The film looks crisp and beautiful; here, finally, David Yates’ vision finds a harmony between that level of darkness that’s only visible in a theater, and the light of being out in the real world, not solely in a gloomy castle.  I’m usually averse to wasting screen time adding bits that never would have happened on paper (the Burrow burning down in HBP, I’m talking to you) but the extras here were welcome, even pleasant.  The much-maligned “dance scene” between Harry and Hermione that totally never happened worked on-screen – it was a break from the all the heavy drama that was going down, and provided a nice showcase to see these lifelong friends actually act like it.

Honestly, one of my only complaints with this film is why they failed to explain the trace put on Voldemort’s name – in several scenes, it’s used and Death Eaters promptly arrive, with no explanation.  Although, it might get mentioned in the second part, which means I can’t file a formal complaint yet … so I guess I have no complaints.  The kids acting has never been better, there are dozens of emotional punches packed, everything looks FANTASTIC, and even clocking in at 2 hrs and 26 minutes, this puppy is BRISK.  It moves along, and you don’t want it to end.  They got everything of chief importance in there, which is truly saying something, given how little filler there is.

Deathly Hallows, Pt. 1 is a terrific adaptation of about 2/3 of the book, and as a movie, is exciting, sad, and engrossing.  Does it serve to set the stage for part 2?  OBVIOUSLY ( ;)), but what so many fail to realize, is that part 2 means nothing without the groundwork of that stage.

Current rank (verrrry curious to see how I’m going to feel Friday morning!):

  1. Prisoner of Azkaban – the best :)
  2. Deathly Hallows, pt. 1
  3. Goblet of Fire
  4. Chamber of Secrets
  5. Half-Blood Prince
  6. Sorcerer’s Stone
  7. Order of the Phoenix – the worst :(


The rest of the series:  The Trailer Test, Part 5, Part 3, Part 2.5, Part 2, Part 1

Wait Until I Come I’ll Take Your Soul – Part 3 of 5

Is the title of this post a tad dramatic?  Maybe, but in all honestly, the 5th and 6th films (two of the most important, foreboding, and enormous of the books) in the Harry Potter series were total failures on many levels, and I need to get it off my chest.  These films are like knives in my gut.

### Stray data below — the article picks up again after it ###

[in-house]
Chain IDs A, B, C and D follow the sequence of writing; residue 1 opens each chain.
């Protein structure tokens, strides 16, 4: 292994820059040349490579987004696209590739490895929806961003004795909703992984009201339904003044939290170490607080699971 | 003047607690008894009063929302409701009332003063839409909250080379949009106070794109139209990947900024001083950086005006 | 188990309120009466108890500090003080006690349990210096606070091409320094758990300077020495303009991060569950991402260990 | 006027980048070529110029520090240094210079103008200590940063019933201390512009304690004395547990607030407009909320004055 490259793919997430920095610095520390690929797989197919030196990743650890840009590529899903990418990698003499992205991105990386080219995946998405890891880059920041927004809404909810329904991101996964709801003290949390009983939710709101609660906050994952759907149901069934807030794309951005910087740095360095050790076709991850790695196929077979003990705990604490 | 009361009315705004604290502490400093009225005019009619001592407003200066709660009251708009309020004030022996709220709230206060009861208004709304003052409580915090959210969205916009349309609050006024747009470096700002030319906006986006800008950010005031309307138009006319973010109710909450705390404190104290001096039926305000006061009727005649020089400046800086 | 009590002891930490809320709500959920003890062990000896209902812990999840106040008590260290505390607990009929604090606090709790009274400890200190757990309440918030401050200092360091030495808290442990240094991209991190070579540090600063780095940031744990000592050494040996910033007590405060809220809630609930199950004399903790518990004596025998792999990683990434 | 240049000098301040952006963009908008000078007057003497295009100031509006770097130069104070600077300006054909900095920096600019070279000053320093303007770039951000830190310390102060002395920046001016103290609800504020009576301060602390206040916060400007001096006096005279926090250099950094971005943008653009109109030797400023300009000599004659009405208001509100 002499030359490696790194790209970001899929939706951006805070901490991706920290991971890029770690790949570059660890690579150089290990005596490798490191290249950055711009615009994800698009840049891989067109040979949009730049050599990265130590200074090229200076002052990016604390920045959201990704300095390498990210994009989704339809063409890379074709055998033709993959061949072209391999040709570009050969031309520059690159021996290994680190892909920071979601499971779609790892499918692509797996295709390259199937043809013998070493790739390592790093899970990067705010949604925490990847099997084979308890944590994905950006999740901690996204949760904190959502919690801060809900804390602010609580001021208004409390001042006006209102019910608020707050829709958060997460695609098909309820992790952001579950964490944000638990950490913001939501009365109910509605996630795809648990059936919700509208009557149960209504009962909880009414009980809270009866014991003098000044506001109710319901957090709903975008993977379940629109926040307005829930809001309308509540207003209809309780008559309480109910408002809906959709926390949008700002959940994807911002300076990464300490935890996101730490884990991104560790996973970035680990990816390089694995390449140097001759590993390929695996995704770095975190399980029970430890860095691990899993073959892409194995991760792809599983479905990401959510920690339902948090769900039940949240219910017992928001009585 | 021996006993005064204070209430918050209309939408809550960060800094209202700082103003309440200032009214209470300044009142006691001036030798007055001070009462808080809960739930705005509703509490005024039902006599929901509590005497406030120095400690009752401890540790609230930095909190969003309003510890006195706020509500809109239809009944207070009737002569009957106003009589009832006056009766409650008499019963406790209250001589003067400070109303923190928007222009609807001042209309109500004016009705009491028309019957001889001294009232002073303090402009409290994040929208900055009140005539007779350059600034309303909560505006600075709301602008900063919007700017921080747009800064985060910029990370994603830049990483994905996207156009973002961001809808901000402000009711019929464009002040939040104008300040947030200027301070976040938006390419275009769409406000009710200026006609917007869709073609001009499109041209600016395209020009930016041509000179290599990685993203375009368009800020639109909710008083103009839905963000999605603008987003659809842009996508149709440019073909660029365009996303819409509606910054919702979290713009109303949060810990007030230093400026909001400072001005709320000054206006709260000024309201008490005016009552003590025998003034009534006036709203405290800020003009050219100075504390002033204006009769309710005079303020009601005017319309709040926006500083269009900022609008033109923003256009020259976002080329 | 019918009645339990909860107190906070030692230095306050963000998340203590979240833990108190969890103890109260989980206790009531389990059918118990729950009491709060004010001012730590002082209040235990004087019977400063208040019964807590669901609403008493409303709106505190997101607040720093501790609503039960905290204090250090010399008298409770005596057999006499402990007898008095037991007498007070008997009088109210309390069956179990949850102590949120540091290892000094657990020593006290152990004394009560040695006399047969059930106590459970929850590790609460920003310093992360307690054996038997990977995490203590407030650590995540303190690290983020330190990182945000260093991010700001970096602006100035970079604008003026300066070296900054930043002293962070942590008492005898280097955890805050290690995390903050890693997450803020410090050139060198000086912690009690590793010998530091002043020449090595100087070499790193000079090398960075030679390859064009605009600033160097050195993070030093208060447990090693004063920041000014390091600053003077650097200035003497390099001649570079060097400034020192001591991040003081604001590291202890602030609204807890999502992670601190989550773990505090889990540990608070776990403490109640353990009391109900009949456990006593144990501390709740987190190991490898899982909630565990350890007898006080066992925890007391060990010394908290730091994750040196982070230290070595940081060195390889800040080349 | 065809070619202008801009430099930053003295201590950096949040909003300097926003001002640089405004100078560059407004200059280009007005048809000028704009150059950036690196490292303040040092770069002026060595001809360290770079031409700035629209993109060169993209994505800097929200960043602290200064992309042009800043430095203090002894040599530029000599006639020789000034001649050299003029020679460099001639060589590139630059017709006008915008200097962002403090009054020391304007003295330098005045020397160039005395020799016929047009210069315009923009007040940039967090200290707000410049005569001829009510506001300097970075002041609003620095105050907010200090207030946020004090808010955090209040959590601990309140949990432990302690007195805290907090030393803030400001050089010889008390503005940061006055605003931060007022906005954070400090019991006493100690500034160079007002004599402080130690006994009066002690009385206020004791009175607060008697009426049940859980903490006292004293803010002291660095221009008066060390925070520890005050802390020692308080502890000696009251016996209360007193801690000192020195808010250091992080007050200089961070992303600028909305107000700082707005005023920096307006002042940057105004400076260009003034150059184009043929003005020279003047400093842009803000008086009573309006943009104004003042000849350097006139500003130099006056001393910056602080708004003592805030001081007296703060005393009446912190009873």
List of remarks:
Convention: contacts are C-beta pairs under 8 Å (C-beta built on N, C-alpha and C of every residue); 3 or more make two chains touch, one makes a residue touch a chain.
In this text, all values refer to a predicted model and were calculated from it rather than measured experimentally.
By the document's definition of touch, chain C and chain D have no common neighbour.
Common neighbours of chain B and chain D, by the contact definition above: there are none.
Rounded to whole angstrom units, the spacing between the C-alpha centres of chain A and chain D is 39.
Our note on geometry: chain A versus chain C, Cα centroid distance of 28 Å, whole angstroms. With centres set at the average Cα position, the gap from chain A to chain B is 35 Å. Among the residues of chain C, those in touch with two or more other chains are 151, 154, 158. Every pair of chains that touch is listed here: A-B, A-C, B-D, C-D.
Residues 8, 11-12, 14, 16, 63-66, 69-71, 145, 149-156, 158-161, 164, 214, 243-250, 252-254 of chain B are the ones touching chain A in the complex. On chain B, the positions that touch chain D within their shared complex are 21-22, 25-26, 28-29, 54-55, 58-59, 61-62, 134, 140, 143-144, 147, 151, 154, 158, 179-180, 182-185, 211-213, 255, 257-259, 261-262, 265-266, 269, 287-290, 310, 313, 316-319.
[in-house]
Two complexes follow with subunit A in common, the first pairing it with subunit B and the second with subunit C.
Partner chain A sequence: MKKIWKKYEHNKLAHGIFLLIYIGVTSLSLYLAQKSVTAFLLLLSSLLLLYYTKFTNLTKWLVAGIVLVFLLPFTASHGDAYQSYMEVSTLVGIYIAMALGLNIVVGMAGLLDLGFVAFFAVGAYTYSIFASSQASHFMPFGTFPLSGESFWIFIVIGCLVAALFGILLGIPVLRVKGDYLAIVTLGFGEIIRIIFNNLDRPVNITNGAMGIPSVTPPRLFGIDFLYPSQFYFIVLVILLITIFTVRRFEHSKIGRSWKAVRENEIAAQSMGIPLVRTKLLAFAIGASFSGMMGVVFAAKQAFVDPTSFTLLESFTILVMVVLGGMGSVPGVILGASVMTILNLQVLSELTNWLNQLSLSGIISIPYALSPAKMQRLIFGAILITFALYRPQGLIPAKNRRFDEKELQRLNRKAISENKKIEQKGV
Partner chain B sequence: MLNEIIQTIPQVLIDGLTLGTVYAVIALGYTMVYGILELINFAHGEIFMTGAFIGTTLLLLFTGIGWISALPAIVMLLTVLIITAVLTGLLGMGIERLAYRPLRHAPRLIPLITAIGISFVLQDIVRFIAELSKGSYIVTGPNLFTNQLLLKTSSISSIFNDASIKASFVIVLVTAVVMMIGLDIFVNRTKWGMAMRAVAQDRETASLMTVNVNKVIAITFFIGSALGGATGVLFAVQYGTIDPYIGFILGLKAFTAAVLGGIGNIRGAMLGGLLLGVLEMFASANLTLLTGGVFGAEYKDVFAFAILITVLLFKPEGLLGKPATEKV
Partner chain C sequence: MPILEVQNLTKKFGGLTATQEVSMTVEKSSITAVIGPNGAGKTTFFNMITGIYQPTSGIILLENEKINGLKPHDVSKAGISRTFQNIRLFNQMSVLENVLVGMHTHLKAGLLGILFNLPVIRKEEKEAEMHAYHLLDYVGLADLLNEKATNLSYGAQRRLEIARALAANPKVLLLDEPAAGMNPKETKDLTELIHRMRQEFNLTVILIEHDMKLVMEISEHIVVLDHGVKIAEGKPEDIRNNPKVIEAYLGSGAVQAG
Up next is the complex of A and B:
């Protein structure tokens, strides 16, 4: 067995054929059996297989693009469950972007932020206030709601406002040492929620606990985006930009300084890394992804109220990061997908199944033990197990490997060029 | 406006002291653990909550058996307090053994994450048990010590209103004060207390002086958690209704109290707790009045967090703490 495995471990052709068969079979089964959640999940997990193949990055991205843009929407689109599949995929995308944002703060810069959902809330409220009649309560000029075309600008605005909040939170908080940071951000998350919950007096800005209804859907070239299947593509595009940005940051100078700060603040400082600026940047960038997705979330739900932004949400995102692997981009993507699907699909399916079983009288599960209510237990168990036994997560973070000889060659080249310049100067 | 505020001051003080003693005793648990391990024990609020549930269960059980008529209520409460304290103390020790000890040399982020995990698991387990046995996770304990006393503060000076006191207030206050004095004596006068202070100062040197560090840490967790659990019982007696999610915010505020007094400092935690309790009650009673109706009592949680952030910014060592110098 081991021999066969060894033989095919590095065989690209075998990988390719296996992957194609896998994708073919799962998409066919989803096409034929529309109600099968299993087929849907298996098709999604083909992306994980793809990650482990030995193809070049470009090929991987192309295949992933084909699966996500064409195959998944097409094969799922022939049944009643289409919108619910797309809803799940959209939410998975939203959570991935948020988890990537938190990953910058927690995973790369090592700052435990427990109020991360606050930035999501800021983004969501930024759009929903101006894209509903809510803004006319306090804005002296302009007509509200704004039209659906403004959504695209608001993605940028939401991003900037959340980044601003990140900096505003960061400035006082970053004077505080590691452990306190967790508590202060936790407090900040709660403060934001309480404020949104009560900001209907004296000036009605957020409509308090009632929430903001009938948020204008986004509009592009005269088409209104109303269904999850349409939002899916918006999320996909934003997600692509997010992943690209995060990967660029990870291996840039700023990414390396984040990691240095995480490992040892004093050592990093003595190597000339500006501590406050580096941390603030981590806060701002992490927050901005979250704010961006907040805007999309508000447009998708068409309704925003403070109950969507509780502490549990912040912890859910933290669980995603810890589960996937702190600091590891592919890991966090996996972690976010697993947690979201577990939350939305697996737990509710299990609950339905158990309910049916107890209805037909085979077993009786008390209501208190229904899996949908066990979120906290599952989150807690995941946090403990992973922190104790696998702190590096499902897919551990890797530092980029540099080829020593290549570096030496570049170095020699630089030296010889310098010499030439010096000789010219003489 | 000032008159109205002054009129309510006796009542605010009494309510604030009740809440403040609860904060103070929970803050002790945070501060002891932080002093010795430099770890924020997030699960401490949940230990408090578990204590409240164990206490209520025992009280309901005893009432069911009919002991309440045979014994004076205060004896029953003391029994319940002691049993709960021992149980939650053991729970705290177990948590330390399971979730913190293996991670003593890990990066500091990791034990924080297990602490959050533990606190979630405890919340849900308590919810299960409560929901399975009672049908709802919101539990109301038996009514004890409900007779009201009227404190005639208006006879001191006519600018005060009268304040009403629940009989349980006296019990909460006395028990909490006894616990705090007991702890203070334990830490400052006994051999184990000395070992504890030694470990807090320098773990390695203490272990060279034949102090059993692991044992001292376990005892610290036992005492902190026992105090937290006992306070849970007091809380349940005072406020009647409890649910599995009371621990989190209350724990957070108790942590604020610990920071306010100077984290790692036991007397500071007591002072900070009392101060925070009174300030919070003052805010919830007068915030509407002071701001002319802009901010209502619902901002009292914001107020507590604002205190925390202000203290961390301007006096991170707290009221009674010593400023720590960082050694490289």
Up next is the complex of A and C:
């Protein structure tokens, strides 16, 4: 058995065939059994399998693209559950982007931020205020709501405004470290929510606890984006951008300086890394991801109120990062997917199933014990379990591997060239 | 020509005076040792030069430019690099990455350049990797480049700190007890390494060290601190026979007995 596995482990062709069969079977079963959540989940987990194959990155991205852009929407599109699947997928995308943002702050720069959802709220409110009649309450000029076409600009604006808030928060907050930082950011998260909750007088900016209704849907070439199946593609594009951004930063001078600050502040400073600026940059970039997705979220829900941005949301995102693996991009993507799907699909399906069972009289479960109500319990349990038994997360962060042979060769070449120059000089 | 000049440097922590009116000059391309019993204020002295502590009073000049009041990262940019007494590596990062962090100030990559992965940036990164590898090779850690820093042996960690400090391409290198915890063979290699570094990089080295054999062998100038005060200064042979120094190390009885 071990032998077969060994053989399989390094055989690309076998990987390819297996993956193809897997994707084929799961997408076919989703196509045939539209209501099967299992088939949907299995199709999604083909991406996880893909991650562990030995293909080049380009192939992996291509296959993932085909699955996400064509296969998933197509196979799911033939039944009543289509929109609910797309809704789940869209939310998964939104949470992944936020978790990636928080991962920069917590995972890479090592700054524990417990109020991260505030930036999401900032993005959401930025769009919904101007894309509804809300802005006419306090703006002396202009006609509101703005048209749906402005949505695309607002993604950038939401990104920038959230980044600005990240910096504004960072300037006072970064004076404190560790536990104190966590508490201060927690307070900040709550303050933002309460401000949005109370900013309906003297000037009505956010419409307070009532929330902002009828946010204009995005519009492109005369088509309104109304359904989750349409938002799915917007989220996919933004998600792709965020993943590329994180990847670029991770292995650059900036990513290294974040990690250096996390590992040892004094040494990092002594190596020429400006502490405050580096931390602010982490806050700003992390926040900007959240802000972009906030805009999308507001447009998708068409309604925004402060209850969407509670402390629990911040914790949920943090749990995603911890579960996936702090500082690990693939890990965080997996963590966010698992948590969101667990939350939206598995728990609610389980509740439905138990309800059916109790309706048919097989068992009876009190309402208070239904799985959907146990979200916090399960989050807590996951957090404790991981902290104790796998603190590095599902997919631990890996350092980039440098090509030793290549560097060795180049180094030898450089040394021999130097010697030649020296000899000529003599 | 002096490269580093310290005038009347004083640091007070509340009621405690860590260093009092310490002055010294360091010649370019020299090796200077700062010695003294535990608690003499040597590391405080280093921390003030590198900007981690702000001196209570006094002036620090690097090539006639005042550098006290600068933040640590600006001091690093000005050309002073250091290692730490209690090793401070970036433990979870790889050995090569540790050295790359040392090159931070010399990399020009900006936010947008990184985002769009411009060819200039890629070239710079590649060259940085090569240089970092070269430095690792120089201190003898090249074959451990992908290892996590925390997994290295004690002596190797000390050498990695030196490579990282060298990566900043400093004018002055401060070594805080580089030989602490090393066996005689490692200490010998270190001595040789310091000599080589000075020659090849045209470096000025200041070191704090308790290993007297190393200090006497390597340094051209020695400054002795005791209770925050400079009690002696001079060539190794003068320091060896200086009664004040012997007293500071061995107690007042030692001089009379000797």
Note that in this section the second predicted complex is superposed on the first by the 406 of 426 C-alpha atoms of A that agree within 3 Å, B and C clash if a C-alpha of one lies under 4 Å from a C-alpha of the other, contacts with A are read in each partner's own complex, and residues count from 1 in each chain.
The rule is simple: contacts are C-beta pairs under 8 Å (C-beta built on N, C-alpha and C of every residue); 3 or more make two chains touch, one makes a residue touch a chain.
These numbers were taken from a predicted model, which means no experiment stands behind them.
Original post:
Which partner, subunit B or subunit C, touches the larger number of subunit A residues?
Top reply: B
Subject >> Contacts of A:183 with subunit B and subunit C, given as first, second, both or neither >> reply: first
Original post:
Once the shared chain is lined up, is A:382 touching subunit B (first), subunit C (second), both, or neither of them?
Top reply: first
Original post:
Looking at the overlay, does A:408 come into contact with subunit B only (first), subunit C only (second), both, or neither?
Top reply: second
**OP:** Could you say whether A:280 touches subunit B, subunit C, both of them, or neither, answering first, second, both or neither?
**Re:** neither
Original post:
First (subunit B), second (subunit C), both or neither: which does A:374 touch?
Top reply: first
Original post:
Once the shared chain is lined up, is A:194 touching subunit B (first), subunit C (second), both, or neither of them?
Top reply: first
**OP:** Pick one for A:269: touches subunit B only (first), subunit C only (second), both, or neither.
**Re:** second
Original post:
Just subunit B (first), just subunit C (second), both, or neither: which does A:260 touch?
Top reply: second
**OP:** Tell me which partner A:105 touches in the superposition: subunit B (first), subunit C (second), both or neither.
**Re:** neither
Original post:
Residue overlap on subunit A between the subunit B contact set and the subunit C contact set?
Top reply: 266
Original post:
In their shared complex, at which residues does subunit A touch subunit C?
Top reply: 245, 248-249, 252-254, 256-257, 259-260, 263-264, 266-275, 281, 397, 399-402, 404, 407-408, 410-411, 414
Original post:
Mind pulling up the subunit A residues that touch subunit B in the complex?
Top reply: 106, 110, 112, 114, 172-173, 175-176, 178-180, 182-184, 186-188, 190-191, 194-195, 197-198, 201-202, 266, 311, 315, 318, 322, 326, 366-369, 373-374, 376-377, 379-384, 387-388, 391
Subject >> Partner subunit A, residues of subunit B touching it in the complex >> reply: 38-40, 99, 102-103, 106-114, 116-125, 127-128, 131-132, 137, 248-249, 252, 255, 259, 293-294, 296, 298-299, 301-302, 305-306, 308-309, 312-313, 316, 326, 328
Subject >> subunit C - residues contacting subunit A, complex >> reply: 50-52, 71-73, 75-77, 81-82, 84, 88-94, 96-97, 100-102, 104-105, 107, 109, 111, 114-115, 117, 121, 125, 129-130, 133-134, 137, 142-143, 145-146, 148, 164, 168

Part 3:  The Blasphemous                                                                                                                                                                  Harry Potter and the Order of the Phoenix & Harry Potter and the Half-Blood Prince

Both of these books begin to unveil the labyrinthine truths behind everything that has ever happened in the series, and guess what?  Said truths focus on the adult characters, their pasts, their sins, and Harry begins to discover and learn facts that change him forever. This is one of my major problems with the films once David Yates took over as director – the adult characters were relegated to the background, and their storylines trimmed to, in some cases, nothingness.  For instance, Snape’s fairly prominent role in Order was somehow turned into about 4 minutes of screen time, McGonagall is almost entirely omitted, and everybody remembers what happened to her in the same book.  I’m WELL AWARE that everything on the page cannot be transferred to the screen, but since Order, it has felt like the filmmakers purposely tried to diminish these vital aspects of the story, because they just wanted to focus on the main trio, apealling to the masses of youngsters who love the franchise.